But Bingaman said there were problems with the execution of the Afghanistan war, as evidenced by the quick collapse of the U.S.-backed Afghan government in a matter of weeks leading up to the withdrawal of U.S. troops.
“So, I think if we had thought harder about it, at the very beginning, we might well have decided that nation building in the case of Afghanistan was not part of what had to be done in order to properly respond to the 9/11 attacks,” he said.
In addition to the human cost of war, the Associated Press estimates the United States debt-financed $2 trillion as of 2020 to pay for the Iraq and Afghanistan wars, and that the interest on that debt will reach $6.5 trillion by 2050.
Paula Gonzalez said she hadn’t given much thought to U.S. troops leaving Afghanistan until news that 13 American troops were killed in an Islamic State suicide bombing outside the Kabul airport last month.
“It just brings it all back. You know, the flood of emotion surrounding the death of a loved one over there, knowing exactly what the families are going through, and the process behind it,” she said. “I felt bad for those families.”
Gonzalez knows all about that process, because she’s lived it. Her son, Jesse Zamora, died on Feb. 3, 2006, in Iraq during his second deployment. Zamora, a Mayfield High School graduate, was 22 when he was killed. His brother, Tyrel, was also in Iraq at the time and had previously been injured during the conflict.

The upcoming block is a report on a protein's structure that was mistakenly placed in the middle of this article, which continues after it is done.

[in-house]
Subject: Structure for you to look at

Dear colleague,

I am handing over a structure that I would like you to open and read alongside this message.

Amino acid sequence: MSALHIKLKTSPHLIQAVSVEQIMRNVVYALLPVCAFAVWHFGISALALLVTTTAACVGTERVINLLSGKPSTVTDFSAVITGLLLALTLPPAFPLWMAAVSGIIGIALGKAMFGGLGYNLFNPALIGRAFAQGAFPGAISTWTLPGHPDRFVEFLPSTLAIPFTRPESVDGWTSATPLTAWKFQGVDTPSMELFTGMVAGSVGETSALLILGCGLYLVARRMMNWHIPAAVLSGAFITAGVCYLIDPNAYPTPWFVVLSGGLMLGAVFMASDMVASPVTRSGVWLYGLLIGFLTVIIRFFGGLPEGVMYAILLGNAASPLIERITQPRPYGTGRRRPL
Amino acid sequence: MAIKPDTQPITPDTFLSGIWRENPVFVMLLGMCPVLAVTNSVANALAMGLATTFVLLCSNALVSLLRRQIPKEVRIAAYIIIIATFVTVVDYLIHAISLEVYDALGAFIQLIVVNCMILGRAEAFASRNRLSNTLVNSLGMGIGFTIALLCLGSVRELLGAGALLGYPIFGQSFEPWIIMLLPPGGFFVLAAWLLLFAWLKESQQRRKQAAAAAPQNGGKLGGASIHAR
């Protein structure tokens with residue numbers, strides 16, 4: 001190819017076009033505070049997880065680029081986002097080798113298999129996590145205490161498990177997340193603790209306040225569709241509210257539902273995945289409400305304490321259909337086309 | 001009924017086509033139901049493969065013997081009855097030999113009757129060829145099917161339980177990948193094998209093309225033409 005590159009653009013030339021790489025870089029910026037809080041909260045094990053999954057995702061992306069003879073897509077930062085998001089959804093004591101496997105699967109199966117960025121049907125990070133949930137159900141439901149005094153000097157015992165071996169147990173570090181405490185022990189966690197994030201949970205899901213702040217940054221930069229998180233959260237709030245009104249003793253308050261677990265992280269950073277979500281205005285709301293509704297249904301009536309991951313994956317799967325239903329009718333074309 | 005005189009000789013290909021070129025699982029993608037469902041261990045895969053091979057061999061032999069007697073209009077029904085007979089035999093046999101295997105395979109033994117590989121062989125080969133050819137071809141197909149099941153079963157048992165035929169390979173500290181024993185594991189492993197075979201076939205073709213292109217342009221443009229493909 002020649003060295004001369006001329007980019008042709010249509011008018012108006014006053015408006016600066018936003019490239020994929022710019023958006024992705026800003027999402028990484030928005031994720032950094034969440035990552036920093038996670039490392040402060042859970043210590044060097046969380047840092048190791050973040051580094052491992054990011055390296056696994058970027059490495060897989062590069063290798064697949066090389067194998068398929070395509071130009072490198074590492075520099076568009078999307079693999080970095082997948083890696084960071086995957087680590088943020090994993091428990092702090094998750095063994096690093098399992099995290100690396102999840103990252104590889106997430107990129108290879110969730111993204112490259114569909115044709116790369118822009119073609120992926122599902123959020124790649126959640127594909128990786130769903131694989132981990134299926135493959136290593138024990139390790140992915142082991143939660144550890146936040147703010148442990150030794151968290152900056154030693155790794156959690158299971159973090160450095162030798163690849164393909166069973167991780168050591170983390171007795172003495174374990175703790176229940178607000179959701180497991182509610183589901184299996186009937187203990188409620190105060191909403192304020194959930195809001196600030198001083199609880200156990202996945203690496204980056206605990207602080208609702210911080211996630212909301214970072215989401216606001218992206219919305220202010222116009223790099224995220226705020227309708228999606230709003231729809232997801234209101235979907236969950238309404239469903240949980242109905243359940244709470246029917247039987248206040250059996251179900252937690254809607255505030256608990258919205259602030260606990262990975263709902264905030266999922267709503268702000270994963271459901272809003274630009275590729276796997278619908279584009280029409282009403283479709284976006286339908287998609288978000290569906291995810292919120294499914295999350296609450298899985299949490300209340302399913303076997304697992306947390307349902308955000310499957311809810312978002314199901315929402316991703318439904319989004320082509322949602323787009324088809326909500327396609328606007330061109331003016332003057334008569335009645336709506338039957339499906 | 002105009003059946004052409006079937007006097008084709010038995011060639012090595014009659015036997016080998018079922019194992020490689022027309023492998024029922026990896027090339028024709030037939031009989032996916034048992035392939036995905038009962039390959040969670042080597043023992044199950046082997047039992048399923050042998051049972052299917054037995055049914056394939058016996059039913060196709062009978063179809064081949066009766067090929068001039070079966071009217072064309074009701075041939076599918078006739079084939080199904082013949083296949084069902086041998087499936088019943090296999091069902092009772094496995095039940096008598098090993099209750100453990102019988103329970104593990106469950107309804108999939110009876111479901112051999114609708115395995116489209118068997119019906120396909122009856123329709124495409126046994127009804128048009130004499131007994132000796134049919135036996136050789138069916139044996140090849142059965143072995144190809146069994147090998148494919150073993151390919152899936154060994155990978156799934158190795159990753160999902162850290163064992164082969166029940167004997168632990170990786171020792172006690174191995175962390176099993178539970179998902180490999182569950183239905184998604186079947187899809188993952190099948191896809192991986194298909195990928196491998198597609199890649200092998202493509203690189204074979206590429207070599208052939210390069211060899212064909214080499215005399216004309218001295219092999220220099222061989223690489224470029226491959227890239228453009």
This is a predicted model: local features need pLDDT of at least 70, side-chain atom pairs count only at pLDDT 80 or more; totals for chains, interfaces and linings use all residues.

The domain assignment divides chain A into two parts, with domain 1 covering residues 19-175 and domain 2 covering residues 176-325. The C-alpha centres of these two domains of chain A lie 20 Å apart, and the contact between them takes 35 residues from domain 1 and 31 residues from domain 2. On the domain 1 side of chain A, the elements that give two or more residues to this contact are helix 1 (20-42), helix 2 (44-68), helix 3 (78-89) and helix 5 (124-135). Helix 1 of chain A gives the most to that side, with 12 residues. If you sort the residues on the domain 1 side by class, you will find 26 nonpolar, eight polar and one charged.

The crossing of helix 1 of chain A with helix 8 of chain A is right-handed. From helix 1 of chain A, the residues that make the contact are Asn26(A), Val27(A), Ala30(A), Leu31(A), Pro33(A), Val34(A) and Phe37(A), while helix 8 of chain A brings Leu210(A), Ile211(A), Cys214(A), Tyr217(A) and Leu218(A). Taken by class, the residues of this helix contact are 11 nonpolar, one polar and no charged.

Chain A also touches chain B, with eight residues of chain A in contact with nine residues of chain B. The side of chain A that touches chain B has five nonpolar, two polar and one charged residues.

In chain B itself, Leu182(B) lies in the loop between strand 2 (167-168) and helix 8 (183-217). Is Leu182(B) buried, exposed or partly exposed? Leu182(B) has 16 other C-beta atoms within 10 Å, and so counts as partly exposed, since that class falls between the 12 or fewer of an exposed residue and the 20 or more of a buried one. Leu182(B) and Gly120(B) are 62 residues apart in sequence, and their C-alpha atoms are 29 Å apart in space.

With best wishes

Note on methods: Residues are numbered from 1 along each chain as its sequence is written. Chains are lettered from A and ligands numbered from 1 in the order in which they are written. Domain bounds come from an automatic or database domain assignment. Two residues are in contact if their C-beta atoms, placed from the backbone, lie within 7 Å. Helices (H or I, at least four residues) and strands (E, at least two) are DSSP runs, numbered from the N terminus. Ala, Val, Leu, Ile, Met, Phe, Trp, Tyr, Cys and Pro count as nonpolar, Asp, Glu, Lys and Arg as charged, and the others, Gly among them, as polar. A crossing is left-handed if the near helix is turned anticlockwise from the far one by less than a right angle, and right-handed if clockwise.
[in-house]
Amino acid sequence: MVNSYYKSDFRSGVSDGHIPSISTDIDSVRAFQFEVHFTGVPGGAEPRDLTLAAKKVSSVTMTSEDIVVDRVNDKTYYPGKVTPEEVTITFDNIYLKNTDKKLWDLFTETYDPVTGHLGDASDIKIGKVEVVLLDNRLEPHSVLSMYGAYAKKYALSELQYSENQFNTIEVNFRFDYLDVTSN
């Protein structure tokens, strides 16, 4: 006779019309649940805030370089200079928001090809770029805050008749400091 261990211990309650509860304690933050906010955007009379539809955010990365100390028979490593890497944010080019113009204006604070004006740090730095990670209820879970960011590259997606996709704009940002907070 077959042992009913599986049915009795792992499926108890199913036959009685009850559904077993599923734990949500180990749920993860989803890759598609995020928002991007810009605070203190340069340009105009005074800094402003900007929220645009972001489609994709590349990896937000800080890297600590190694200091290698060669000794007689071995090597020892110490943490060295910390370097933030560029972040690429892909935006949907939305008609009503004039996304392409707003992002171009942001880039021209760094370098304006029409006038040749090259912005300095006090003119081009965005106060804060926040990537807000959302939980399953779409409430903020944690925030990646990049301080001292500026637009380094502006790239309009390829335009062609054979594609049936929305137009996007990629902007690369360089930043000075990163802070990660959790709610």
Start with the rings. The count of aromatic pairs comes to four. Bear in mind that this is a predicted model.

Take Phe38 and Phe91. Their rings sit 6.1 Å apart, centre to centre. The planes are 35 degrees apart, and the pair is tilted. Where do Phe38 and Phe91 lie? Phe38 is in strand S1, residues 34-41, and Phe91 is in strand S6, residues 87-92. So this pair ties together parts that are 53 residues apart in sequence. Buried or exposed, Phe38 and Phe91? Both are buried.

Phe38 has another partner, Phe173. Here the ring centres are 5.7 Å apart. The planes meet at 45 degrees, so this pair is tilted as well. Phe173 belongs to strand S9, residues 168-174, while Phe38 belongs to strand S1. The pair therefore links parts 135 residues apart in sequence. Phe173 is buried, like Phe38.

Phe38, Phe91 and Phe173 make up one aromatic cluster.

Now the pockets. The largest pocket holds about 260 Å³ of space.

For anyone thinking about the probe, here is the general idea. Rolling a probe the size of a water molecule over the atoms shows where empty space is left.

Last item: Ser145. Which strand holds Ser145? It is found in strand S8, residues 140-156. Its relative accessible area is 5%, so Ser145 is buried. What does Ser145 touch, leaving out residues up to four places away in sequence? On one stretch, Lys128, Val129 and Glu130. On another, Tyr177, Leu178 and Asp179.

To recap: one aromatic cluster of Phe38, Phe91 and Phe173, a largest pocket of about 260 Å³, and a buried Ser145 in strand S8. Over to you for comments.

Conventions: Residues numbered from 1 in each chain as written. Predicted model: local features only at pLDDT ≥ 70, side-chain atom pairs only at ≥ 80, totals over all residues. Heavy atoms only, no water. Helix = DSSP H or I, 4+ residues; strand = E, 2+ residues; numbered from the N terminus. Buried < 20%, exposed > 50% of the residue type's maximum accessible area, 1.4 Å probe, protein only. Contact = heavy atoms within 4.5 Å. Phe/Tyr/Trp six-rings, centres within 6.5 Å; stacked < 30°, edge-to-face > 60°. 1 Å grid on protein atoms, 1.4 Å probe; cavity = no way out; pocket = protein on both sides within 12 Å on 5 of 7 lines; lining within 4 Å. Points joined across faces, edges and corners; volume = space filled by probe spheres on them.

Gonzalez said 15 years after her son’s death, she and her family are still wounded from the loss. There are thousands of families like hers across the country.
The Watson Institute for International and Public Affairs at Brown University estimates that more than 7,000 service members and 8,000 U.S. contractors have died in Iraq, Afghanistan and other conflict areas since the Sept. 11 attacks.
“It scabs over, but the wound never heals. It scabs over a little bit and then it gets opened up occasionally,” she said. “I don’t know how to explain that. But that’s for the whole family.”
Gonzalez said she feels for the families of the soldiers who died in Afghanistan because of how quickly the country fell back to Taliban control.
For Jackie Cunningham, the recent American deaths near the Kabul airport affected her because she knows the long road ahead for the families.
“These people that are burying their kids, I wouldn’t trade places with them for $1 million,” she said. “Grief just sneaks up on you in waves.”
Her husband, Red Cunningham, said the situation in Afghanistan makes him angry.
“Because basically, if you want to face the facts about this, we lost that war,” he said. “… When we killed Osama bin Laden, we should have packed up and left. Instead, we decided to do this nation building thing again. And it never works. And here we are with dead soldiers just trying to save people escaping.
“I cannot get over being angry about it.”
Editor’s note: This article has been corrected to change the day that Jesse Zamora died in Iraq, which was Feb. 3, 2006.